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Random Matrix Theory


April 12th, 2010

Via: New Scientist: SUPPOSE we had a theory that could explain everything. Not just atoms and quarks but aspects of our everyday lives too. Sound impossible? Perhaps not. Its all part of the recent explosion of work in an area of physics known as random matrix theory. Originally developed more than 50 years ago to describe the energy levels of atomic nuclei, the theory is turning up in everything from inflation rates to the behaviour of solids. So much so that many researchers believe that it points to some kind of deep pattern in nature that we dont yet understand. It really does feel like the ideas of random matrix theory are somehow buried deep in the heart of nature, says electrical engineer Raj Nadakuditi of the University of Michigan, Ann Arbor. All of this, oddly enough, emerged from an effort to turn physicists ignorance into an advantage. In 1956, when we knew very little about the internal workings of large, complex atomic nuclei, such as uranium, the German physicist Eugene Wigner suggested simply guessing. Quantum theory tells us that atomic nuclei have many discrete energy levels, like unevenly spaced rungs on a ladder. To calculate the spacing between each of the rungs, you would need to know the myriad possible ways the nucleus can hop from one to another, and the probabilities for those events to happen. Wigner didnt know, so instead he picked numbers at random for the probabilities and arranged them in a square array called a matrix.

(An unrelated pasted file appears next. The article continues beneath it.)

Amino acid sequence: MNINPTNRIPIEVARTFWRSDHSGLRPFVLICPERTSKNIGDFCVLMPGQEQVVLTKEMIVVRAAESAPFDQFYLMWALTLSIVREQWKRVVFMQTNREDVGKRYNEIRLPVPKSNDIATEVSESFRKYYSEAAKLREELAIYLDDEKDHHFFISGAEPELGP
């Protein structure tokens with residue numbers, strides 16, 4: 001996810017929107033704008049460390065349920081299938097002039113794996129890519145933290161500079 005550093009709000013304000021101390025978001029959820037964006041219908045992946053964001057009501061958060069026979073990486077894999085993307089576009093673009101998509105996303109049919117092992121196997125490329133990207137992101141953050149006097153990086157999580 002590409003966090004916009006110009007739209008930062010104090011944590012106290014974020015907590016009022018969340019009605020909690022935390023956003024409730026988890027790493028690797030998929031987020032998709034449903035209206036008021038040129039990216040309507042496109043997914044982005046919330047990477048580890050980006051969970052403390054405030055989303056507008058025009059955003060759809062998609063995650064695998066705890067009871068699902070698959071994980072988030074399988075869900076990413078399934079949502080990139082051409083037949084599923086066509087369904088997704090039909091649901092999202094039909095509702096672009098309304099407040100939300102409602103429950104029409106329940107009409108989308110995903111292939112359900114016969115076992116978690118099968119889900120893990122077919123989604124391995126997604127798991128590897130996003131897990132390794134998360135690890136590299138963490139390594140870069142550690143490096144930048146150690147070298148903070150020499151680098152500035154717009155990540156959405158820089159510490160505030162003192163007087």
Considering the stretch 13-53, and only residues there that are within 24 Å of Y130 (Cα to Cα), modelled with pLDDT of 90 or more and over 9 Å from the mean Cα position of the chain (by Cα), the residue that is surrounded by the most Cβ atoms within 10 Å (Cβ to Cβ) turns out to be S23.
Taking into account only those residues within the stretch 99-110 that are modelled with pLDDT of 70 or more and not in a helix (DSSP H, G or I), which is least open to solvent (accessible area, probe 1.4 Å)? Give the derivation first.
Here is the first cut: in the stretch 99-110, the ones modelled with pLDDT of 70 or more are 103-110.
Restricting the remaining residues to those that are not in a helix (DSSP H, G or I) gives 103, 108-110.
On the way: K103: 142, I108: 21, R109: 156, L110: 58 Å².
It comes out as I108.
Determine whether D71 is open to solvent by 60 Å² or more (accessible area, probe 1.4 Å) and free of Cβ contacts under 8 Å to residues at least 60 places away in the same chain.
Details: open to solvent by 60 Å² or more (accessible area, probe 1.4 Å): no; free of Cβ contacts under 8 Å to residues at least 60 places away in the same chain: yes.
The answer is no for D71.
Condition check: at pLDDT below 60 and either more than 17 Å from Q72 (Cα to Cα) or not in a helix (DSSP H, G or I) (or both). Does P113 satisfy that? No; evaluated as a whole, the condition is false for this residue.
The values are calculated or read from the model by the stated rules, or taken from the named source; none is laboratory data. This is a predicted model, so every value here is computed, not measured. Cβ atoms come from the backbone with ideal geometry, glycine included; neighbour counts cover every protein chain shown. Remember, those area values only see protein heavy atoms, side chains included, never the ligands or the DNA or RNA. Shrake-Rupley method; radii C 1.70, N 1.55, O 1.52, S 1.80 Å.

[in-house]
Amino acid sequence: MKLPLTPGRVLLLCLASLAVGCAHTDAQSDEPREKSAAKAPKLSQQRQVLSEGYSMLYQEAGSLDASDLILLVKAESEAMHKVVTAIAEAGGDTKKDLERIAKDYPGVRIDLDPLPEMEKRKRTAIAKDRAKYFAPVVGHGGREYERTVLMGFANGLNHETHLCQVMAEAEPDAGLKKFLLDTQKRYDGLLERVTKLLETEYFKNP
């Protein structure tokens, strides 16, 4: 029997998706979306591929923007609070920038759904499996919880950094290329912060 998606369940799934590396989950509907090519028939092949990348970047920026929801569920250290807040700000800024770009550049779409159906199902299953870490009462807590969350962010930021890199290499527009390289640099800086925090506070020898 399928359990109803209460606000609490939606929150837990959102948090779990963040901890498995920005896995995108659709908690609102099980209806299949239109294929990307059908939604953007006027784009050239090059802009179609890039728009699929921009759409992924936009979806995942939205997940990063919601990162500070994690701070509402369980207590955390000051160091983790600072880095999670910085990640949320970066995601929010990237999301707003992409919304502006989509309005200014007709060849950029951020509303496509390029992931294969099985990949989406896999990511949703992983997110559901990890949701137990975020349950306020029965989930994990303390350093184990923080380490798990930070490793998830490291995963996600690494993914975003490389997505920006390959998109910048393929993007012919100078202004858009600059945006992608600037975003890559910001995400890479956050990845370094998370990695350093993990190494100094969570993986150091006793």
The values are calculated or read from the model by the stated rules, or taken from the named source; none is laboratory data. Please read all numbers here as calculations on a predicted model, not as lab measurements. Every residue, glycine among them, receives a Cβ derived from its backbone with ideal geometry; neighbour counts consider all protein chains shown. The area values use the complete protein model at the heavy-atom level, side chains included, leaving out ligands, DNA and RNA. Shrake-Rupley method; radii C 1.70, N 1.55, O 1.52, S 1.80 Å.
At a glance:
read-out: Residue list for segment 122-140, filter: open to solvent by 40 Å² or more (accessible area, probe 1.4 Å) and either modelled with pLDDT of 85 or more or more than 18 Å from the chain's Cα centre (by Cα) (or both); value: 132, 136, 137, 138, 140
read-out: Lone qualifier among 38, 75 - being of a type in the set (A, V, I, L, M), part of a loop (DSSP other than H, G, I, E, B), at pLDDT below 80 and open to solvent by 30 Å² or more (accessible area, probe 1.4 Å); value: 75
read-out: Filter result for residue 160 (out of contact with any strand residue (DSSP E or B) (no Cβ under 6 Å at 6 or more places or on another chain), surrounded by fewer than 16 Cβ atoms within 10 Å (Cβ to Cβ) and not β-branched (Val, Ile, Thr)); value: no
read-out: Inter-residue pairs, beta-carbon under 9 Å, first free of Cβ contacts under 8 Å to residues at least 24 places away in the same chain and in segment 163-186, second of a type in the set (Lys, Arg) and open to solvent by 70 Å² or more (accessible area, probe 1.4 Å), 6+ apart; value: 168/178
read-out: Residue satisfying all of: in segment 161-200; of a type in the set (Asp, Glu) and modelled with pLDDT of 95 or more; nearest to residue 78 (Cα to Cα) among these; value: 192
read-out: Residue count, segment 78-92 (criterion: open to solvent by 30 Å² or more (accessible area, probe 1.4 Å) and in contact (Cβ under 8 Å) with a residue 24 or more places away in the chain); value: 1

The matrix was a neat way to express the many connections between the different rungs. It also allowed Wigner to exploit the powerful mathematics of matrices in order to make predictions about the energy levels. Bizarrely, he found this simple approach enabled him to work out the likelihood that any one level would have others nearby, in the absence of any real knowledge. Wigners results, worked out in a few lines of algebra, were far more useful than anyone could have expected, and experiments over the next few years showed a remarkably close fit to his predictions. Why they work, though, remains a mystery even today. What is most remarkable, though, is how Wigners idea has been used since then. It can be applied to a host of problems involving many interlinked variables whose connections can be represented as a random matrix. The first discovery of a link between Wigners idea and something completely unrelated to nuclear physics came about after a chance meeting in the early 1970s between British physicist Freeman Dyson and American mathematician Hugh Montgomery. Montgomery had been exploring one of the most famous functions in mathematics, the Riemann zeta function, which holds the key to finding prime numbers. These are numbers, like 2, 3, 5 and 7, that are only divisible by themselves and 1. They hold a special place in mathematics because every integer greater than 1 can be built from them. In 1859, a German mathematician called Bernhard Riemann had conjectured a simple rule about where the zeros of the zeta function should lie. The zeros are closely linked to the distribution of prime numbers. Mathematicians have never been able to prove Riemanns hypothesis. Montgomery couldnt either, but he had worked out a formula for the likelihood of finding a zero, if you already knew the location of another one nearby. When Montgomery told Dyson of this formula, the physicist immediately recognised it as the very same one that Wigner had devised for nuclear energy levels. To this day, no one knows why prime numbers should have anything to do with Wigners random matrices, let alone the nuclear energy levels. But the link is unmistakable. Mathematician Andrew Odlyzko of the University of Minnesota in Minneapolis has computed the locations of as many as 1023 zeros of the Riemann zeta function and found a near-perfect agreement with random matrix theory. The strange descriptive power of random matrix theory doesnt stop there. In the last decade, it has proved itself particularly good at describing a wide range of messy physical systems. Research Credit: Albino Posted in Coincidence?, Technology | Top Of Page